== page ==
KidsCare Still in Flux

Last week Senators Hatch and Wyden introduced bipartisan legislation to reauthorizethe Children’s Health Insurance Program (CHIP)- which is the parent ofArizona’s KidsCare program.

The Bill (called S.1827) proposes a 5-year reauthorization of the program and maintaining the current 23% increase in the federal matching funds rate through FY 2019, but reducing thematching rate in FY 2020… and returning to the standard state-federalmatching rate in FY 2021-2022.

While it looks like this reauthorization bill won’t be voted in this week, it’s not dead.  It can still be approved in thecoming weeks.  The lack of a reauthorization introduces some uncertainty to states (all 50 states have a CHIP program) butas long as it gets voted on in the near future most states will probably holdfast and keep the program going for the time-being.

The issue in the long-run is that the Hatch/Wyden bill drops the federal matching rate in FY 2020 below the threshold that’s wired into state law for fundingAZ’s share of the program.  But, that’s something that could be changed in either the 2018 or 2019 AZ Legislative Sessions.

 

ADHS Earns Accreditation

Congratulations to the ADHS and all the Stakeholders that helped the team achieve national accreditation through the Public Health Accreditation Board (PHAB). The national accreditation program improves public health system performance by transforming the quality and performance of the nation’s state, local, tribal, and territorial public health departments.

PHAB Accreditation is a multi-year process that ADHS began in 2010 with the development of an agency strategic plan in 2011 and the first ever State Health Assessment in 2014.  Next was building the Arizona Health Improvement Plan.  Along the way, Accreditation includes developing, reviewing, and submitting documentation that supports the accreditation standards evaluate processes and services, outcomes, and progress toward specific goals and objectives.

The entire public health system including numerous Stakeholders need to be involved to achieve this recognition.  Congratulations to AZ’s public health system for this remarkable achievement.

The state health department joins Maricopa, Mohave, Pima, and Yavapai counties as national accredited public health agencies in Arizona.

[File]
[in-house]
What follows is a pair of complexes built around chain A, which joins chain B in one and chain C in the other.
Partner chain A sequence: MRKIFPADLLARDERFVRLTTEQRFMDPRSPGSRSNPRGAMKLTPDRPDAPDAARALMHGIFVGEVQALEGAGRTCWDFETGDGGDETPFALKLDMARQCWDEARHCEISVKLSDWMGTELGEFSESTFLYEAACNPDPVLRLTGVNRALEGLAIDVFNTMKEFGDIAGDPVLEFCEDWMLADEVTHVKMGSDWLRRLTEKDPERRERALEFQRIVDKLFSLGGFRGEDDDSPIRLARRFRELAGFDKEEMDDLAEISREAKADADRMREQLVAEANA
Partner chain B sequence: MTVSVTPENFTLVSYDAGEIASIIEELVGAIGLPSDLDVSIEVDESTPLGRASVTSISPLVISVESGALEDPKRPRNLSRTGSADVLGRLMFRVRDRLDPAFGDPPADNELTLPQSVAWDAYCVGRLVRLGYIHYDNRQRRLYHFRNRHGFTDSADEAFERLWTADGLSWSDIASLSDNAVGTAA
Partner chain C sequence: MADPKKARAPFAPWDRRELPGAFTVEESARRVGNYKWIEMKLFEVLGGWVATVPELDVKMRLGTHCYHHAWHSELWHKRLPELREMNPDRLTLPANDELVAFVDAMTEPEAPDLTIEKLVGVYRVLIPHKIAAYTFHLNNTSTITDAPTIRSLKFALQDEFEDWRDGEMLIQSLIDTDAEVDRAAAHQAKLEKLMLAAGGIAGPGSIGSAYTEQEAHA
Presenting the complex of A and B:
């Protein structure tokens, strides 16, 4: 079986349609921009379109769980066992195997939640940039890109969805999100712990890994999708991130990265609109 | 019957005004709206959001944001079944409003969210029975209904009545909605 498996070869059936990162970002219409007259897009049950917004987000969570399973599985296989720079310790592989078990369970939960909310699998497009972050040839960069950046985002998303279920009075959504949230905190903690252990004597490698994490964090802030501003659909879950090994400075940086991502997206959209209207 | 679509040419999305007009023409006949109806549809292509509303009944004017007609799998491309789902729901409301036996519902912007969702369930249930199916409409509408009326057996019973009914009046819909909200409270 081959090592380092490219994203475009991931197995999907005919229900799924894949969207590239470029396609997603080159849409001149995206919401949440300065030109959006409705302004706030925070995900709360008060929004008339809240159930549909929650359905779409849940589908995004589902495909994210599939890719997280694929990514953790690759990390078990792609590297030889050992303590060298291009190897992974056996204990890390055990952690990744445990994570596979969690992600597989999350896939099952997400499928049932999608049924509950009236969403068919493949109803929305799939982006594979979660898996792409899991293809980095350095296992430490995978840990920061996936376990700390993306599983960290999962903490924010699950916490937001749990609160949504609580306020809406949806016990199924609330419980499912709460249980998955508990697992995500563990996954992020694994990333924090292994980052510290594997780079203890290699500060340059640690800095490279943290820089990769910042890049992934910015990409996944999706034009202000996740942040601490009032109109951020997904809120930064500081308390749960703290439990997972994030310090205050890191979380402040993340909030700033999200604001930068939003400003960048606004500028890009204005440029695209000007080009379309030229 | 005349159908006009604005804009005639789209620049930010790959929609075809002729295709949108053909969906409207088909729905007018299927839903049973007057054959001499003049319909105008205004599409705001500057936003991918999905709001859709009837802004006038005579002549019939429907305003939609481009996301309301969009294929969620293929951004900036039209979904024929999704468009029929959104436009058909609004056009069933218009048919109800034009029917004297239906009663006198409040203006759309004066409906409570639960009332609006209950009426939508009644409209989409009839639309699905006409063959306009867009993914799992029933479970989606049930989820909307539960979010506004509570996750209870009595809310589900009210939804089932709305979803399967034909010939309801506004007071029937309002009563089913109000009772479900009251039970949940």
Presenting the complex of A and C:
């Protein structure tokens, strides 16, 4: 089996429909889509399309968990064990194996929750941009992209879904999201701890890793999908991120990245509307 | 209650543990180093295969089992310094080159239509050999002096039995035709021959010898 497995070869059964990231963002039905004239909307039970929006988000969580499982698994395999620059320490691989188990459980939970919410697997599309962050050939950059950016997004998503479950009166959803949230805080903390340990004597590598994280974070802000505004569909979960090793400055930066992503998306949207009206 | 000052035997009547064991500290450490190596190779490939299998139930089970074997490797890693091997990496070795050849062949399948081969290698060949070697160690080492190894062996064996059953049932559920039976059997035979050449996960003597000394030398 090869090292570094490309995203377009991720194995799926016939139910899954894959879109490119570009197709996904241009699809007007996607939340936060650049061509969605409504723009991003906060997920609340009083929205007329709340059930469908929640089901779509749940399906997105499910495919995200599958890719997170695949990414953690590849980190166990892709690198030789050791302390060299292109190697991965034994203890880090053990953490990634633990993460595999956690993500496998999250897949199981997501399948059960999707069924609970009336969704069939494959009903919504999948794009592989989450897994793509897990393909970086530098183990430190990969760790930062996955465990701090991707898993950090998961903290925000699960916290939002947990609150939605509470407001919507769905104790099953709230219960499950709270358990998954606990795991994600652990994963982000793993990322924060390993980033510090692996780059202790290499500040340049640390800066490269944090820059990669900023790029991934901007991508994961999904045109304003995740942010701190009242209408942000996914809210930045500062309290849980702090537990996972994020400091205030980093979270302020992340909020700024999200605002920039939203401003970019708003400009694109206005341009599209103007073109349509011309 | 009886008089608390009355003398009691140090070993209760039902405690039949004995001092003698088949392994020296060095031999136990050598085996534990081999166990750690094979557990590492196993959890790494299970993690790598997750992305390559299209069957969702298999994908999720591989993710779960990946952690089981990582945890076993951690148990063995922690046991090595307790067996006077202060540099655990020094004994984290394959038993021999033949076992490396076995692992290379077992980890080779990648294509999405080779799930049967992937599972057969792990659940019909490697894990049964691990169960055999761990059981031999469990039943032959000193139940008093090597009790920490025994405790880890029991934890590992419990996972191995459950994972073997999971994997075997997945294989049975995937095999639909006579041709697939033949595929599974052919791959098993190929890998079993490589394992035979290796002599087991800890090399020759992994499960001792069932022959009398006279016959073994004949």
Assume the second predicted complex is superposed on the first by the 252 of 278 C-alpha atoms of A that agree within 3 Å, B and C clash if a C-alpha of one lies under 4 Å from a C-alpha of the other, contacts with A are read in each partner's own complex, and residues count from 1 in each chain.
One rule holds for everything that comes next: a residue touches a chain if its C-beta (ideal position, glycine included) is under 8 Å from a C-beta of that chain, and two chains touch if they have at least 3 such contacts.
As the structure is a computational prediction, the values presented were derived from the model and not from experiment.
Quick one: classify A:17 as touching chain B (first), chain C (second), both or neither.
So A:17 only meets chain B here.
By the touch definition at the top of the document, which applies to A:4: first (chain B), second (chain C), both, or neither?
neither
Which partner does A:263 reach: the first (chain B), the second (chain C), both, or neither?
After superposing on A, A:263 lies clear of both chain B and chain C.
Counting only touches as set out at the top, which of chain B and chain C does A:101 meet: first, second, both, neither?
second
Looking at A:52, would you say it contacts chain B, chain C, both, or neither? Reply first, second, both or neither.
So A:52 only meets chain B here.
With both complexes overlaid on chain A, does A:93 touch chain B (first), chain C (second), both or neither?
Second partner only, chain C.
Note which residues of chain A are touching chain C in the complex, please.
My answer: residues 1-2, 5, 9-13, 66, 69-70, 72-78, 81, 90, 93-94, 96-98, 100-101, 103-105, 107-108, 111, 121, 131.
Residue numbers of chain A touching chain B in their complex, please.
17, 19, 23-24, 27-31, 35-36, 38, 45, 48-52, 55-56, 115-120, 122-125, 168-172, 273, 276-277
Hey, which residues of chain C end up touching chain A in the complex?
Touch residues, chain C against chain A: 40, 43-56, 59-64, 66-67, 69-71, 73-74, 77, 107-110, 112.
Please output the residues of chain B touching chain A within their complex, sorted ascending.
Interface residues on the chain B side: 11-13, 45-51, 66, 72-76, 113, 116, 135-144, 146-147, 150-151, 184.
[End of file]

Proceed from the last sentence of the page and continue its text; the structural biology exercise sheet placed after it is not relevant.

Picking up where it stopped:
Crunch Time for KidsCare Too

The Children’s Health Insurance Program (CHIP) is a program that provides health insurance coverage for uninsured children in families with incomes that are modest but too high to qualify for Medicaid (AHCCCS). To continue operating, the CHIP program needs to be reauthorized by Congress by September 30.

In our state, CHIP is called KidsCare. AHCCCS offers health insurance through KidsCare for kids (under age 19) who aren’t eligible for other AHCCCS health insurance. There are several eligibility criteria- but the basic income criteria is a family income less than 200% of the federal poverty level.  Right now, about 23,000 kids are insured through Kids Care.  AZ also gets CHIP matching funds that covers an additional 73,000 kids via AHCCCS.

Arizona law requires AHCCCS to freeze enrollment if the federal match goes below its current level, meaning that there would be an enrollment freeze if Congress lowers the federal match below 100% as part of a funding reauthorization.

Last week there was an agreement struck in the Senate Finance Committee between Senators Hatch and Wyden on extending CHIP funding for 5 years but with a scaling down of the federal match.  So far, my understanding is that starting in FFY 2020, the federal matching rate would be reduced bump will be reduced and beginning in 2021 the federal match will go back to the regular CHIP match (for Arizona that’s 79% federal and 21% state match). 

Bottom line is that if this amendment goes through with the reauthorization bill, it would probably mean that KidsCare would continue as is through September 30, 2019.  After that, the program would freeze enrollment unless a state law is changed allowing for an alternative federal matching rate.  If the reauthorization doesn’t go through at all I’m not sure what would happen.

Please urge Senators McCain and Flake to reauthorize full funding of the Children’s Health Insurance Program (KidsCare in Arizona) and to keep the federal match rate at 100%.

Contact Senator John McCain and Senator Jeff Flake:

     Sen. John McCain: (202) 224-2235 or (602) 952-2410

     Sen. Jeff Flake: (202) 224-4521 or (602) 840-1891